Through the Trees

A singing waiter, a girl who loves to read (and who fights for her education), and a bad girl who only wants to be a mama were three of my favorite storylines in A Tree Grows in Brooklyn by Betty Smith.

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Taking place in the beginning decades of the 20th century, Smith brilliantly captures the plight of over-comers. In this case, the Nolan women. From the deepest desire of motherhood in Katie’s sister to the deepest desire to rise above, in Francie, this book allowed me a birds-eye view through the trees. I felt like I was given an inside track on the themes that run through many women’s hearts, even now in 2016.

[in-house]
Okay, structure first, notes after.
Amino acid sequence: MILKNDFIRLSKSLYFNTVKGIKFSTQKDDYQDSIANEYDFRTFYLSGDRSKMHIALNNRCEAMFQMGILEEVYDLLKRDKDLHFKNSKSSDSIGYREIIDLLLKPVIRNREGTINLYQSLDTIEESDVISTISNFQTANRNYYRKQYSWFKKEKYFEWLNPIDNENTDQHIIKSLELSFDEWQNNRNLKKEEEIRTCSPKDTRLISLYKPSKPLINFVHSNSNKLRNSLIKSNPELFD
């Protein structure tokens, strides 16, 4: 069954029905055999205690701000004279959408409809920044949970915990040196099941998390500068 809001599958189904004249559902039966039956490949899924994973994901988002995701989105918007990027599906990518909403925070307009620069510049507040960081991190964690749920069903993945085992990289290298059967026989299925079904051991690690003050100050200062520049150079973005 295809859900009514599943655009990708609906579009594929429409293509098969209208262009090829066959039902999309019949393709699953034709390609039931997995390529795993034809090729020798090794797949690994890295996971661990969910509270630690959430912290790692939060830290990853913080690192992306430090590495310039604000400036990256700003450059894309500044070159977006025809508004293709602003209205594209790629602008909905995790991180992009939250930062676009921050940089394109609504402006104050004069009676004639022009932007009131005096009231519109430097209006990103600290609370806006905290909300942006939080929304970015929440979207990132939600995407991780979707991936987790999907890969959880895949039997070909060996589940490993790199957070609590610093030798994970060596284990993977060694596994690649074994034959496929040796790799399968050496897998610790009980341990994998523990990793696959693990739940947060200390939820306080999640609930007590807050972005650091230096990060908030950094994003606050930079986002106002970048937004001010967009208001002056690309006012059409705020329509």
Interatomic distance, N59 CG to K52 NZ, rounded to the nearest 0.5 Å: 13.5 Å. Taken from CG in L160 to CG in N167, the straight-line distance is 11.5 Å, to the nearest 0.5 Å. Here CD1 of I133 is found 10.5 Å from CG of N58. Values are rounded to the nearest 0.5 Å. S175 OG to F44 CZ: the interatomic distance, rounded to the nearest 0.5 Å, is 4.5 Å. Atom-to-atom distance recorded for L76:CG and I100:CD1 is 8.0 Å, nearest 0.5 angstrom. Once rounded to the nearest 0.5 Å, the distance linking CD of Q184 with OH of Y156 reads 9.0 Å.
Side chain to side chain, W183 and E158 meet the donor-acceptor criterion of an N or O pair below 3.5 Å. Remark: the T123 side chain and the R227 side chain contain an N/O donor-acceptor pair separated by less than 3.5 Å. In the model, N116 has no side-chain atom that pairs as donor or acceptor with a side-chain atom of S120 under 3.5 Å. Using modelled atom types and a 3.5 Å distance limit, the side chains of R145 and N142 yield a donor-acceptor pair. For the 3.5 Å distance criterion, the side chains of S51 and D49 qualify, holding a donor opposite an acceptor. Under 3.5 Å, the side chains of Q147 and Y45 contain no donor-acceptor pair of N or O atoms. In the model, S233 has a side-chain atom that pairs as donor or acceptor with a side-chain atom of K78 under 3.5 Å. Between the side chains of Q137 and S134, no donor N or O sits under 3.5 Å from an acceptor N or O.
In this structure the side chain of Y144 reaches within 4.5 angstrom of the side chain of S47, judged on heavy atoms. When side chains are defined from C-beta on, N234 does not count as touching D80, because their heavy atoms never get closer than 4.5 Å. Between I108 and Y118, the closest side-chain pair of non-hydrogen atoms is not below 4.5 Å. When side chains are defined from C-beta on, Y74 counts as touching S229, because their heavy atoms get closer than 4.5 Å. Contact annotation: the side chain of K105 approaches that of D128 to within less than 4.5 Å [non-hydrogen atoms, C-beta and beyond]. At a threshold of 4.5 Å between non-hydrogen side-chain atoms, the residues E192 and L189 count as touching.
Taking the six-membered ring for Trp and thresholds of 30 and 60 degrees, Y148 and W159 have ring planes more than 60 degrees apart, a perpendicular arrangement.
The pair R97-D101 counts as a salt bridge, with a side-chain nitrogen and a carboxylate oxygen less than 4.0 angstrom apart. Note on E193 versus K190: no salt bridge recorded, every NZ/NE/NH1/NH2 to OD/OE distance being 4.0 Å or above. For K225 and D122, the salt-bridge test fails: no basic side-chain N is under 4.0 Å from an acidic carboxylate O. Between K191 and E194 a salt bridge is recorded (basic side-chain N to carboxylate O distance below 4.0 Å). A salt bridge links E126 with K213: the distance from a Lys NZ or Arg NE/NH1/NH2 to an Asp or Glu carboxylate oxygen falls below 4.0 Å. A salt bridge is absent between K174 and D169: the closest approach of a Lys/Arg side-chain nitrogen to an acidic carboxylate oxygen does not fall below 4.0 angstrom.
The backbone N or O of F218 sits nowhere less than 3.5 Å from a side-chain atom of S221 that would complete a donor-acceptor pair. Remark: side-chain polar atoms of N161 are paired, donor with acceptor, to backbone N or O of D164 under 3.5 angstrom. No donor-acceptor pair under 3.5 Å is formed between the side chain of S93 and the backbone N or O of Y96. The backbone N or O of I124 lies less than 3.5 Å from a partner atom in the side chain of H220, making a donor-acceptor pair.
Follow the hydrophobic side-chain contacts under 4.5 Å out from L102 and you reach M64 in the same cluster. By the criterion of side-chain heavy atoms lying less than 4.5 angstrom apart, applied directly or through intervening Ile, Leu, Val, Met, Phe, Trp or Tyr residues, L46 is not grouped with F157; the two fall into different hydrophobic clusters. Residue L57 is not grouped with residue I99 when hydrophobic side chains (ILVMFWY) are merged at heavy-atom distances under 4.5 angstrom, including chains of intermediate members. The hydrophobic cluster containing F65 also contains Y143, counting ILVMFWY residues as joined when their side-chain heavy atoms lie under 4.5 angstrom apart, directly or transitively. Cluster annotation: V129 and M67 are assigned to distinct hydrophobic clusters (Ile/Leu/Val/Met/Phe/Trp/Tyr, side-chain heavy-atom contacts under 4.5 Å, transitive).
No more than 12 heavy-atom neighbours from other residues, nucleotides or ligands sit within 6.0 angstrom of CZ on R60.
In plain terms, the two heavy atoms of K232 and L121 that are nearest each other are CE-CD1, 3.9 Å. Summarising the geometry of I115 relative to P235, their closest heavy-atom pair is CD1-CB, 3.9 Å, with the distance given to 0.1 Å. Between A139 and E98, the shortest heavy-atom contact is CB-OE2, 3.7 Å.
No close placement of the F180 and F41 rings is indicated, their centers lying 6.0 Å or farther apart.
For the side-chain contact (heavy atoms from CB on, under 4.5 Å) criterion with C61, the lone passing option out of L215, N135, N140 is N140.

The main character, Francie Nolan encountered something that felt relatable to me. Mostly, the idea of being a girl in a boys world. That Neely was loved more because he was a boy made me mad. And that Katie had to work extra hard to overcome her husband’s weaknesses didn’t help either. This book was, I believe, an ode to feminism.

But above all it’s all about the books. The love of All The Books. Of Francie, Smith writes,

“The world was hers for the reading.”

Indeed it was.

So, of course, this was one of my favorites characters in a story. And this book, one of my favorites.

Catch up with all of the other books in my Best Books Ever series for the Write 31 Days Challenge. Click the button below to see what others were on my list.

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